Dungeons & Dragons Computer Labyrinth Game

From Wikipedia, the free encyclopedia
Jump to navigation Jump to search
Dungeons & Dragons Computer Labyrinth Game
Dungeons and Dragons Computer Labyrinth Game box.png

The Dungeons & Dragons Computer Labyrinth Game was an electronic board game released by Mattel in 1980.


The board appears as a plastic castle with a chess board sized grid in the middle. Underneath the superstructure is a drawer, in which can be found two metal warrior figures, a dragon, a treasure chest, plus a number of plastic pieces to be used as walls, and a couple of secret room markers.[1] The castle is also a computer of sorts, and the gridded playing surface is a touch sensitive key board. Each time the game is turned on the computer randomly creates an invisible labyrinth wherein lies the imaginary treasure, and the dragon.[1]


This was a simple electronic board game, with a dungeon and a dragon in it. The computer places 50 walls randomly across the board, and then two players can compete head to head. Each player tries to and hinder the other's advances, while searching each room for the treasure.[2] If a player encounters the dragon, the player is injured and returns to his or her secret room.

The game can be played solitaire or with two players, each assuming the role of a warrior. The aim is for the player to find the treasure and get it back to the player's secret room. The game begins by selecting the basic level or advanced level (which includes doors, that may or may not be open the second time a warrior tries to go through them). Then the player selects a secret room. Each time the warrior enters a square (the warrior can move 8 squares a turn until the warrior walks into a door or wall or gets wounded) the castle emits various noises, which have different meanings. It could be a clear space or the warrior might bump into an invisible wall. There are electronic sounds to tell the players that the dragon (initially asleep) has woken (which happens three squares from the treasure), that the player has found the treasure, that the dragon is flying towards the warrior and that the invisible dragon is attacking. The warrior can sustain three such attacks before dying, and each attack also reduces the warrior's movement allowance in squares, which means the dragon can move that much more often, as he moves after the warrior's move is finished. As the dragon moves only 1 square a time, the player will need to find where he is, lure him to the other side of the board, and then rush back, grab the treasure and get back to the player's secret room. In the two player game warriors can attack each other, each warrior having a variable computer moderated strength.[1]

A player moves his figurine from square to square; depending on what is in the square, an electronic sound would be triggered, allowing a player to figure out where walls were located. Another sound would indicate that the dragon's treasure hoard had been located, and between player turns, the "Dragon" sound would indicate that the dragon had moved one square. When the dragon first wakes, it is not possible to know exactly where the dragon is on the board (although one can make a reasonable guess by choosing a square three spaces away in a direction that has not been previously approached). Once the dragon attacks a player, the dragon's position is known for the remainder of the game and can be marked with the included dragon figurine. The algorithm for the dragon's movement is well explained: it moves one space per turn towards a target, going diagonal and over walls if necessary. The dragon's target is the player who has the treasure, or, if no player has the treasure, the closest player. If two players are equally close, the dragon follows the player it was following in the previous move. If both players are hidden in their secret rooms, the dragon moves toward the treasure room.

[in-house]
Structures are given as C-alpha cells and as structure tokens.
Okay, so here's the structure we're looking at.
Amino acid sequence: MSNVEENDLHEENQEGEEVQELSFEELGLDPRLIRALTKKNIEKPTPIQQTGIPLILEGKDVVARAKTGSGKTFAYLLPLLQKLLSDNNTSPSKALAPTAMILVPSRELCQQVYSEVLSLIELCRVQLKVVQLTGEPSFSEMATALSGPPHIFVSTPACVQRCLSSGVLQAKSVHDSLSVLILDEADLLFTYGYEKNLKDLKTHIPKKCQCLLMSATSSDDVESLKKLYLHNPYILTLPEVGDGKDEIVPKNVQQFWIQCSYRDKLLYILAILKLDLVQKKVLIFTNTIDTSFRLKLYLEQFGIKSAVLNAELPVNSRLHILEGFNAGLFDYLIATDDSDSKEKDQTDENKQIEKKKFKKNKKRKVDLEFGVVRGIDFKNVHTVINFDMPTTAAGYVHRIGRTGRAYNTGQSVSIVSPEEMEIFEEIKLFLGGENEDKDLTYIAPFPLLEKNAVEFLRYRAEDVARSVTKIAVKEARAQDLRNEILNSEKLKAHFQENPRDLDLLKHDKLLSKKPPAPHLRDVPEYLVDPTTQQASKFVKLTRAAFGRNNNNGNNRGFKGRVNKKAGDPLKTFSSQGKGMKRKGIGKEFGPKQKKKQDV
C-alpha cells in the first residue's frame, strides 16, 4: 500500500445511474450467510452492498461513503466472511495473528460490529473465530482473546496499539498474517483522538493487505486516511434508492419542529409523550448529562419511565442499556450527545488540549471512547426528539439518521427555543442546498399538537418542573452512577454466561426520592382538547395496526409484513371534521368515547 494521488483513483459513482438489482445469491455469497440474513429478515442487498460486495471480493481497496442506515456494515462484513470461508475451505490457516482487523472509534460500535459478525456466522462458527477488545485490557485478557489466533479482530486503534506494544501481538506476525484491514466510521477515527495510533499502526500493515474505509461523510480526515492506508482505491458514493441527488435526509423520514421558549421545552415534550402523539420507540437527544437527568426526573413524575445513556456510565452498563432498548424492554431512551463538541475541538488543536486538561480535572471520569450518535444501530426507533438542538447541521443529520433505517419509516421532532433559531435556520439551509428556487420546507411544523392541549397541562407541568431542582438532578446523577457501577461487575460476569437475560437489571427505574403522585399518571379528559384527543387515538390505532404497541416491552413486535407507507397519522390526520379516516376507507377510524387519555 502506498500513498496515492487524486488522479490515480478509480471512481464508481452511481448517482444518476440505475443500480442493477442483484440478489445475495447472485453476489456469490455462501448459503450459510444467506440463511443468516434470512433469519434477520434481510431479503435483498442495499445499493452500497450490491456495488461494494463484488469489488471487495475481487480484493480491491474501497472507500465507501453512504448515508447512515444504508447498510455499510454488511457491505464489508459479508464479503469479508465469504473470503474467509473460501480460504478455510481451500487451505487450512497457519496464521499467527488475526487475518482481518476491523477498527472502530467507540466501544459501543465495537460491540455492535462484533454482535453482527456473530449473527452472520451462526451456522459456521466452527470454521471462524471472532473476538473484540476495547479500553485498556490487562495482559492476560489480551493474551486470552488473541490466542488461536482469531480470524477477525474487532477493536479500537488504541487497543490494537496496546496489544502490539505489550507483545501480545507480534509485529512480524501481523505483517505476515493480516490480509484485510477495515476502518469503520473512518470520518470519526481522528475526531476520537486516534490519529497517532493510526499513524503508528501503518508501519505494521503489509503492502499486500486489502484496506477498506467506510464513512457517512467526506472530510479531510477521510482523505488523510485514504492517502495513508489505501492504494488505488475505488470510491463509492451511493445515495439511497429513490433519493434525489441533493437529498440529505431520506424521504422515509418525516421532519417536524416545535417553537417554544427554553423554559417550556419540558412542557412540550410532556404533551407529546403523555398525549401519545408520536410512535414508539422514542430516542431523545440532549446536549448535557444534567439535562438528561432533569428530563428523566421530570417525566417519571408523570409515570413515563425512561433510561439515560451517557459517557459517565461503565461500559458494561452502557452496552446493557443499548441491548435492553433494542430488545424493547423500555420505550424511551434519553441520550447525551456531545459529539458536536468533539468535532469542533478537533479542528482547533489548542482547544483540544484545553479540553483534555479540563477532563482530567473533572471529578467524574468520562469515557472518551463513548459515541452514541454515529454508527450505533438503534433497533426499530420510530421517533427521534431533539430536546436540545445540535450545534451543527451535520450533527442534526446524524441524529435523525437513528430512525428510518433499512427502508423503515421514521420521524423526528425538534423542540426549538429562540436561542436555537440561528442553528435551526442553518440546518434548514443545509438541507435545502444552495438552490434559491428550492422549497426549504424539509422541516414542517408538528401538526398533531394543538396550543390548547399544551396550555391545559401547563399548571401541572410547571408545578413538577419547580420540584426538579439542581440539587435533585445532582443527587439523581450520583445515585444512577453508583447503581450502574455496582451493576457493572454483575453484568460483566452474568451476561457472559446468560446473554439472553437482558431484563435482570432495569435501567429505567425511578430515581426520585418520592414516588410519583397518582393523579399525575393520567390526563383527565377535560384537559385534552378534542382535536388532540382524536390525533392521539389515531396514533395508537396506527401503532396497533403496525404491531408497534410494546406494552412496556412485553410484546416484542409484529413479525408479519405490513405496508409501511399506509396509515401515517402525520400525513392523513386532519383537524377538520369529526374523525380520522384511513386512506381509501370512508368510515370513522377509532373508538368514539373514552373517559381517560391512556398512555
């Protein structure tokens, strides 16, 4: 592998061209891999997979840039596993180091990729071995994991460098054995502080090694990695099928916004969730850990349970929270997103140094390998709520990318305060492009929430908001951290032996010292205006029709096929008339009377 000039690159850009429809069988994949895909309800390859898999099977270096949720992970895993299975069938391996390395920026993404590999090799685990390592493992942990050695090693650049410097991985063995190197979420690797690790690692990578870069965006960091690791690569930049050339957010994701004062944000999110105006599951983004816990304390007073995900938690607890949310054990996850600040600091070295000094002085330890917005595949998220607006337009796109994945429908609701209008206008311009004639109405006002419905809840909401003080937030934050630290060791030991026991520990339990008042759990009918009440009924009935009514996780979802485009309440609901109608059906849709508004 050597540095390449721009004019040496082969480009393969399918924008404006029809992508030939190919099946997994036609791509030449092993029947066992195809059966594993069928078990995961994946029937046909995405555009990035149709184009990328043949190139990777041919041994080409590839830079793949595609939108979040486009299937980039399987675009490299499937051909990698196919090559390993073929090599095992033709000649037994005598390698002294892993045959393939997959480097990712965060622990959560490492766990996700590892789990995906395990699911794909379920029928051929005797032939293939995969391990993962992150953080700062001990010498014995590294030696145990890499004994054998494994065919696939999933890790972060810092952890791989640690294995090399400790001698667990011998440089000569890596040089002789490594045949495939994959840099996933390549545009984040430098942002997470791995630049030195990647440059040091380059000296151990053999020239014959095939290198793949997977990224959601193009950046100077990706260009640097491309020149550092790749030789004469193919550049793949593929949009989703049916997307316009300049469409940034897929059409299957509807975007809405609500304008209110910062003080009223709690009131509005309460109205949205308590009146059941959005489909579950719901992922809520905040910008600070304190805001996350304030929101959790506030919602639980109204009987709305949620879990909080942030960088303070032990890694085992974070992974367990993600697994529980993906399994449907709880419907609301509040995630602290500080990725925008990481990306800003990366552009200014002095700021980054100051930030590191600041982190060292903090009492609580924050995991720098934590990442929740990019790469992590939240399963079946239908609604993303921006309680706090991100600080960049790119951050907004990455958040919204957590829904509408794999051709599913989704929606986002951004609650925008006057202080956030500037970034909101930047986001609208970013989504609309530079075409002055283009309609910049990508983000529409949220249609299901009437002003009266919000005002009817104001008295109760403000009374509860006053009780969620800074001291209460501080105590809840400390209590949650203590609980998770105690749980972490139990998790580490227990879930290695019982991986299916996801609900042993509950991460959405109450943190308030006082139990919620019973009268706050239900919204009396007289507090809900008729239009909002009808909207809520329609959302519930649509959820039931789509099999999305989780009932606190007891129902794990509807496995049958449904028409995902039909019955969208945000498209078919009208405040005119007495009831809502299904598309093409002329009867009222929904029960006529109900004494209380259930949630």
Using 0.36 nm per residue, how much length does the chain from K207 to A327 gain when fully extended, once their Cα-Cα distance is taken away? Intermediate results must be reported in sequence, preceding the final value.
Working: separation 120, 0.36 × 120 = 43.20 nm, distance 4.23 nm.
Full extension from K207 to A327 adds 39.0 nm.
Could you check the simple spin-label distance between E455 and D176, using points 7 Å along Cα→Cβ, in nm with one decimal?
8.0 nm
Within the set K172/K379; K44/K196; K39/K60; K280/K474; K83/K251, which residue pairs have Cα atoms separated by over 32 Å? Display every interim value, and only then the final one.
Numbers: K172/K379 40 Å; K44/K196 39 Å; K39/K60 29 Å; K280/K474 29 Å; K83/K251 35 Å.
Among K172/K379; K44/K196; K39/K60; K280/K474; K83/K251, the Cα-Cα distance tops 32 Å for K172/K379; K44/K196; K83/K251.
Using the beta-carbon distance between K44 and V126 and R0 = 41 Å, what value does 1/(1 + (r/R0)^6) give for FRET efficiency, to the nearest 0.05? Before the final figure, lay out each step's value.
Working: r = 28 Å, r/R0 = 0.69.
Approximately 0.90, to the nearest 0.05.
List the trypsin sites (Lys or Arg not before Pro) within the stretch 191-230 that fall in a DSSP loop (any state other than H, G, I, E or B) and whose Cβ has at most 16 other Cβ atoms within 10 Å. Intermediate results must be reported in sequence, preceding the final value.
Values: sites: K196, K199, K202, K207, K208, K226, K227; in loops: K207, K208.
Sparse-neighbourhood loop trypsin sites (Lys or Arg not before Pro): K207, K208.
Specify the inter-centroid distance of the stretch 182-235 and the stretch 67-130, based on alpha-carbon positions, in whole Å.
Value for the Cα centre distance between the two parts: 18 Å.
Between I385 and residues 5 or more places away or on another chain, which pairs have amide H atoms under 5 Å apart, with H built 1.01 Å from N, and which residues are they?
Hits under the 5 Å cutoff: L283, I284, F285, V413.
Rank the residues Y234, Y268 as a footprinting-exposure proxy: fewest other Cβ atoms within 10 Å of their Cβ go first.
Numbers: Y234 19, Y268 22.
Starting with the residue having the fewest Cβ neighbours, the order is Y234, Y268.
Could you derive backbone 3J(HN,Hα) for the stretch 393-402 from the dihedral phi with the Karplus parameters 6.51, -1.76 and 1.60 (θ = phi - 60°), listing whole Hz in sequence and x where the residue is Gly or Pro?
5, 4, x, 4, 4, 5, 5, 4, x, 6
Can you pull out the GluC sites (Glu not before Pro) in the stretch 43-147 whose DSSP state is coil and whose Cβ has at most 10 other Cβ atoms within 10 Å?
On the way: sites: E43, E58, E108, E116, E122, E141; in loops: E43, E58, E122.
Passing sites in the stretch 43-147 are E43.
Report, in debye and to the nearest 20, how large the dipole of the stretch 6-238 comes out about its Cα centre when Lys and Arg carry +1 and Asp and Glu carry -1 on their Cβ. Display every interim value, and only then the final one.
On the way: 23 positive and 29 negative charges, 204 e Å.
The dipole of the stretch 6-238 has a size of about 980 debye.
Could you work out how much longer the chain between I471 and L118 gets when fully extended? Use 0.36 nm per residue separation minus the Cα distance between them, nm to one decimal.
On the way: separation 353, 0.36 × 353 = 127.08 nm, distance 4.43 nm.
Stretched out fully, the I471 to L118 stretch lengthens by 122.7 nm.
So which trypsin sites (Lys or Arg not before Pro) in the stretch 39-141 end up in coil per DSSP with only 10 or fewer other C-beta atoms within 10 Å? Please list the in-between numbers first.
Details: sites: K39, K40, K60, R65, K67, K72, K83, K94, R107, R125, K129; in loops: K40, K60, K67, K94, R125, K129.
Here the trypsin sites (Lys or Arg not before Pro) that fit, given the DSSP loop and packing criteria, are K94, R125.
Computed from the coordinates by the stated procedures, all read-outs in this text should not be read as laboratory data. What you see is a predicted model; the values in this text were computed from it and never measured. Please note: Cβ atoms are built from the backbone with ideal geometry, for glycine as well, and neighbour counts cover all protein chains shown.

Jamie Thompson reviewed the game for White Dwarf, giving the game an overall rating of 4, stating "The low rating is an assessment of the game for all age groups, but it is more suitable for the very young."[1] Thompson was critical of the game, and quipped "Not, as you can see, the TSR version but merely a small electronic game of the same name. I wonder how much Mattel paid TSR for using the name."[1] Thompson described the board as "a cheap looking plastic castle" that came with "two cheap metal warrior figures [and] a tinny-looking dragon".[1] Thompson commented that when moving into a space that is not clear, "you might find that your heroic warrior is blundering into yet another invisible wall".[1] Thompson found that players attacking each other in a two player game "providing a bit more interest to the quest" and determined that a single solitaire game will last about 10–15 minutes at most, two player games a little longer.[1] Thompson concluded the review by saying, "All in all it provides some initial light fun - hearing the dragon wake, take to the air and then suddenly find he's upon you and the like - but it soon loses its flavour. I would say not a good buy for the serious or experienced adult gamer, especially when you consider the ridiculous price. I'd never go into a shop and actually buy this (unless I had spare cash to throw around and a kid to buy it for). The game appears to make no reference to any suitable age groups, but, I suspect it is really quite a good game for the under 12s (at least), being simplicity itself to learn. The code sounds soon become familiar and rules are clear and well laid out. Its major drawback is its price."[1]

See also[edit]


  1. ^ a b c d e f g h i Thomson, Jamie (August 1982). "Open Box". White Dwarf. Games Workshop (32): 19.
  2. ^ Hall, Kevin (2008-03-18). "The 13 best electronic versions of Dungeons & Dragons". Dvice. Archived from the original on 2012-08-06. Retrieved 2013-04-24.

External links[edit]